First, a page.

Title:
Nickel-based superalloy having very high resistance to hot-corrosion for monocrystalline blades of industrial turbines
Kind Code:
A1


Abstract:
Nickel-based superalloy, suitable for monocrystalline solidification, having the following composition by weight: Co: 4.75 to 5.25%Cr: 15.5 to 16.5%Mo: 0.8 to 1.2%W: 3.75 to 4.25%Al: 3.75 to 4.25%Ti: 1.75 to 2.25%Ta: 4.75 to 5.25%C:0.006 to 0.04%B:≦0.01%Zr:≦0.01%Hf:  ≦1%Nb:  ≦1%Ni and any impurities:complement to 100%.



Inventors:
Caron, Pierre (Les Ulis, FR)
Blackler, Michael (Exeter, GB)
Mccolvin, Gordon Malcolm (Lincoln, GB)
Wahi, Rajeshwar Prasad (Berlin, DE)
Escale, Andre Marcel (Omex, FR)
Lelait, Laurent (Darvault, FR)
Application Number:
11/068085
Publication Date:
09/08/2005
Filing Date:
02/28/2005
Assignee:
CARON PIERRE
BLACKLER MICHAEL
MCCOLVIN GORDON M.
WAHI RAJESHWAR P.
ESCALE ANDRE M.
LELAIT LAURENT
Primary Class:
International Classes:
F01D5/28; C22C19/05; (IPC1-7): C22C19/05
View Patent Images:



Primary Examiner:
WILKINS III, HARRY D
Attorney, Agent or Firm:
Lewis Roca Rothgerber Christie LLP (Glendale, CA, US)
Claims:
1. A nickel-based superalloy, suitable for monocrystalline solidification, characterized in that its composition by weight is as follows:
Co: 4.75 to 5.25%
Cr: 15.5 to 16.5%
Mo: 0.8 to 1.2%
W: 3.75 to 4.25%
Al: 3.75 to 4.25%
Ti: 1.75 to 2.25%
Ta: 4.75 to 5.25%
C:0.006 to 0.04%
B:≦0.01%
Zr:≦0.01%
Hf:  ≦1%
Nb:  ≦1%
Ni and any impurities:complement to 100%.


2. Industrial turbine blade produced by monocrystalline solidification of a superalloy according to claim 1.

Description:

CROSS-REFERENCE TO RELATED APPLICATION(S)

This application is a continuation of U.S. application Ser. No. 10/460,860, filed Jun. 12, 2003, which is a continuation of U.S. application Ser. No. 09/999,167, filed Nov. 29, 2001, which claims priority of European Patent Application Number EP00403361, filed Nov. 30, 2000.

TECHNICAL FIELD

The invention relates to a nickel-based superalloy which is adapted to the manufacture of fixed and movable monocrystalline blades of industrial gas turbines by directional solidification.

BACKGROUND OF THE INVENTION

Nickel-based superalloys are the most high-performance materials used today in the manufacture of movable and fixed blades of industrial gas turbines. The two principal features required until now of these alloys for those specific applications have been good resistance to creep at temperatures of up to 850° C. and very good resistance to hot-corrosion. Some reference alloys currently used in this field are designated IN738, IN939 and IN792.

Blades manufactured using those reference alloys are produced by conventional casting using the lost-wax process and have a polycrystalline structure, that is to say, they are constituted by the juxtaposition of crystals which are orientated in a random manner relative to each other and which are called grains. Those grains are themselves constituted by an austenitic gamma (γ) matrix based on nickel, in which hardening particles of the gamma prime (γ′) phase are dispersed whose base is the intermetallic compound Ni3A1. This specific structure of the grains gives those alloys a high level of creep resistance up to temperatures in the order of 850° C., which ensures the longevity of the blades, for which service lives of from 50,000 to 100,000 hours are generally sought. The chemical composition of alloys IN939, IN738 and IN792 has further been determined to give them excellent resistance to the combustion gas environment, in particular in respect of hot-corrosion, a phenomenon which is particularly aggressive in the case of industrial gas turbines. Significant additions of chrome, typically of from 12 to 22% by weight, are thus necessary to give those alloys the necessary resistance to hot-corrosion for the applications concerned. From the point of view of resistance to creep, the order of the alloys is: IN939<IN738<IN792. From the point of view of resistance to hot-corrosion, the order is the reverse, that is: IN792<IN738<IN939.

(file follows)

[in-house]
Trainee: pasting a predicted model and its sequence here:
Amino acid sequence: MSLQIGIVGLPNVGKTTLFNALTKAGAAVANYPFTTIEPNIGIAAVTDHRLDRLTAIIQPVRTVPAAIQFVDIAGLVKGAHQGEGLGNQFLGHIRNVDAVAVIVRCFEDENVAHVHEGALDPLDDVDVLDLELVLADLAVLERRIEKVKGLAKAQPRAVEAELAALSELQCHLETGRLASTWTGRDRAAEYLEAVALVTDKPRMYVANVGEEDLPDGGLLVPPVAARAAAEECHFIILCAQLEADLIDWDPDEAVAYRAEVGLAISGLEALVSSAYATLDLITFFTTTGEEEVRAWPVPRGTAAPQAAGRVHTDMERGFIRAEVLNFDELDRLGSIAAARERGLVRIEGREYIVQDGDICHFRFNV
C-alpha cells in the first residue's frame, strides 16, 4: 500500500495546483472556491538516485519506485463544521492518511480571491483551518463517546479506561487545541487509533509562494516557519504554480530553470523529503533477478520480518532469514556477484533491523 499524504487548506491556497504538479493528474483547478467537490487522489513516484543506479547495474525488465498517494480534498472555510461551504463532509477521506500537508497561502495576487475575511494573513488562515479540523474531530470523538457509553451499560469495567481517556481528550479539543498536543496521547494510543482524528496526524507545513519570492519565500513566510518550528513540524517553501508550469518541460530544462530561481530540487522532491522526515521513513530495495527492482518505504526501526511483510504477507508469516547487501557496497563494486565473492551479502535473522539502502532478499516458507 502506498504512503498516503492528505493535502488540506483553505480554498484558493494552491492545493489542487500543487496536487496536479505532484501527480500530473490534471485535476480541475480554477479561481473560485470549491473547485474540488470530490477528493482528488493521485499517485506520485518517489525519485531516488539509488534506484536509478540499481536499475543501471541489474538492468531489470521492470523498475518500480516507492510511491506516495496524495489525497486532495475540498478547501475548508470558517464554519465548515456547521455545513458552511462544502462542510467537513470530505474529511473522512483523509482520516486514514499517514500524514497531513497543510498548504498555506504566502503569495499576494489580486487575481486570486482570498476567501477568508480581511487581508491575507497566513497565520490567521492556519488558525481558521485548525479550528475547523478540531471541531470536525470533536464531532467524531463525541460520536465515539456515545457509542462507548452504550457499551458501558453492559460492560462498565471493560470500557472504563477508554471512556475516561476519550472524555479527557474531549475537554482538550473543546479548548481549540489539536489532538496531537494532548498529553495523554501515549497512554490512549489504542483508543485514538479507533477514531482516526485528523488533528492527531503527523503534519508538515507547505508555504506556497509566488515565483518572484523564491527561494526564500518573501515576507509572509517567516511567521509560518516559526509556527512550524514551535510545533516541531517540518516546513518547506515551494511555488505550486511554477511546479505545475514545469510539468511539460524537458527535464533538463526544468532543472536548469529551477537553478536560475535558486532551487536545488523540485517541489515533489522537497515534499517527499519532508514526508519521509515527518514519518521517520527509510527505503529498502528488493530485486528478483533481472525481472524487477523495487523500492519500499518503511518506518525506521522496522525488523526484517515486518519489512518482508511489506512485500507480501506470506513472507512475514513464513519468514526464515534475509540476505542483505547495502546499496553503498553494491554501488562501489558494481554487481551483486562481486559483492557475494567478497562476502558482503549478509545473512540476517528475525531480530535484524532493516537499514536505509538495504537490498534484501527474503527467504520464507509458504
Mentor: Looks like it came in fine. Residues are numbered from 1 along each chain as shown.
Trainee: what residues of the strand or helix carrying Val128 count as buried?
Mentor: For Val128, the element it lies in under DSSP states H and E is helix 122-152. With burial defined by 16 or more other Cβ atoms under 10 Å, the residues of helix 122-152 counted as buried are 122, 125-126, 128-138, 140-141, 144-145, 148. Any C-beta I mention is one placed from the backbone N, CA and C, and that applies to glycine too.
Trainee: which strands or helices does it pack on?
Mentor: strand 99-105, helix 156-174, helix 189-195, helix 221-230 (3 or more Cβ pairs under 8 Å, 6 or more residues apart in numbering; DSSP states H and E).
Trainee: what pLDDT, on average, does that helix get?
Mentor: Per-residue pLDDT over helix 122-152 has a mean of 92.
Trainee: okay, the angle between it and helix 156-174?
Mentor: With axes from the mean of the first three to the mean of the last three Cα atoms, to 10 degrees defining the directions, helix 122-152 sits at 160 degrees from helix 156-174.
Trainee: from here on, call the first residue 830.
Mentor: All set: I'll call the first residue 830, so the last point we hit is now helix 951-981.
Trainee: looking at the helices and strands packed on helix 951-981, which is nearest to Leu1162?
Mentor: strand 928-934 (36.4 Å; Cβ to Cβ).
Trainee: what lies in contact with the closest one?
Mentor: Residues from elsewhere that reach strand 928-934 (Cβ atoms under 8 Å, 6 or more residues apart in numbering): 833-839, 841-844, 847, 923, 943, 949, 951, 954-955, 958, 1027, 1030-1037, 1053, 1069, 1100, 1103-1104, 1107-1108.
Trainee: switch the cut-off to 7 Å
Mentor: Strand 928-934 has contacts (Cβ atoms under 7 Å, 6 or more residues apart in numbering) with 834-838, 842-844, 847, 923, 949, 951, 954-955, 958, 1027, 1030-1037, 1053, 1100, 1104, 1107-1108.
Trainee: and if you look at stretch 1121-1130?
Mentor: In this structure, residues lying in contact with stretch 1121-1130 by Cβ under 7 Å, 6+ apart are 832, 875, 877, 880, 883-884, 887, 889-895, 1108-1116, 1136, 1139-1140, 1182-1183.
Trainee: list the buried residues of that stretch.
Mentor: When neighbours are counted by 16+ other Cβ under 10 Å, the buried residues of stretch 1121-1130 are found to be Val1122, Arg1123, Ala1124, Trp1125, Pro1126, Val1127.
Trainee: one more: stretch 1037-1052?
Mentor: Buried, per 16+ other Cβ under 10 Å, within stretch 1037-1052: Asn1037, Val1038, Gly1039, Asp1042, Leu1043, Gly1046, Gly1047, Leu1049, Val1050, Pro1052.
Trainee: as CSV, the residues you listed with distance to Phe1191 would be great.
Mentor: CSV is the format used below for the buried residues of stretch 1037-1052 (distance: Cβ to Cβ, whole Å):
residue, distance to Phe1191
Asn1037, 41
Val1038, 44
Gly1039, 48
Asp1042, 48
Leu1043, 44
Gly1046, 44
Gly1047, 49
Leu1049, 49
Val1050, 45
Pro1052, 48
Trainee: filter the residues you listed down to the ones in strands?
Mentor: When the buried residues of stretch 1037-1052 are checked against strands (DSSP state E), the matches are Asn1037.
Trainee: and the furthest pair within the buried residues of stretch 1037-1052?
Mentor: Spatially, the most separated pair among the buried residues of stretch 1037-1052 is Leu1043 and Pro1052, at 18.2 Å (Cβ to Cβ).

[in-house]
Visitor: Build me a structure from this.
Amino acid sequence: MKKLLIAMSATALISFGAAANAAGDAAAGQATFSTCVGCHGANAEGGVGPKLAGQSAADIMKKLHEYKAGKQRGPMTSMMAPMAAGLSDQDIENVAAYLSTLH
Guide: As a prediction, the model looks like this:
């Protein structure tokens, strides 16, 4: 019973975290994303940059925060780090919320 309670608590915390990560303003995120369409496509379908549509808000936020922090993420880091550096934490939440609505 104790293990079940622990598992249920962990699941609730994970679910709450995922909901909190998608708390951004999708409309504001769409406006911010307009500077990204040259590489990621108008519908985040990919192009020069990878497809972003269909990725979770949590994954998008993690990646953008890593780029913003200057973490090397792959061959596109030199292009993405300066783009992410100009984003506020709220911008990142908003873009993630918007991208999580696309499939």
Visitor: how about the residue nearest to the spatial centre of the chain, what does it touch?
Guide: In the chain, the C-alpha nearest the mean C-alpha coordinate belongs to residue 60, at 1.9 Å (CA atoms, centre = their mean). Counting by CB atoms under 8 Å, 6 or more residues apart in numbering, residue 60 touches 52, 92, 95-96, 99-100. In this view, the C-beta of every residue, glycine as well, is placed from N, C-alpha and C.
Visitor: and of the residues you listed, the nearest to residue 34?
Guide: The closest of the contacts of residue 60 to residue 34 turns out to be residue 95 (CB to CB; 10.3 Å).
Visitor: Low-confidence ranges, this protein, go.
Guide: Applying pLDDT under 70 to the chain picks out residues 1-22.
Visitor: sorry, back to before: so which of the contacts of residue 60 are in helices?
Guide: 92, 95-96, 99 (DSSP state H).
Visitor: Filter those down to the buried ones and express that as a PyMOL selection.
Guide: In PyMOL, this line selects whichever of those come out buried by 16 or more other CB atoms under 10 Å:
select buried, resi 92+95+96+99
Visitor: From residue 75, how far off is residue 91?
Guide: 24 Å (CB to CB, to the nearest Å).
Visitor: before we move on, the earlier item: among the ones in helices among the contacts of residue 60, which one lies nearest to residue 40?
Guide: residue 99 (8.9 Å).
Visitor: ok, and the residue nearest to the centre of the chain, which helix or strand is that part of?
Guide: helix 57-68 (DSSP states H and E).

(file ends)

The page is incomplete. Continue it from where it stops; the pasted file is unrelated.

In order to improve the performance of industrial gas turbines in terms of output and consumption, one method consists in increasing the temperature of the gases at the turbine inlet. This consequently makes it necessary to be able to provide alloys for turbine blades which can tolerate operating temperatures which are higher and higher, whilst retaining the same mechanical features, in particular in terms of creep, in order to be able to achieve the same service lives.

The same type of problem has been posed in the past in the case of gas turbines for turbo-jets and turbo-engines for aeronautical applications. In this case, the selected solution consisted in changing from blades, known as polycrystalline blades, which are produced by conventional casting to blades, known as monocrystalline blades, that is to say, which are constituted by a single metallurgical grain.

Those monocrystalline blades are manufactured by directional solidification with lost-wax casting. The elimination of grain boundaries, which are preferential locations for creep deformation at elevated temperature, has allowed the performance of nickel-based superalloys to be increased spectacularly. Furthermore, the process of monocrystalline solidification allows the preferred orientation of growth of the monocrystalline component to be selected and, that manner, the orientation <001> which is optimum from the point of view of resistance to creep and thermal fatigue to be chosen, those two types of mechanical stress being the most disadvantageous for turbine blades.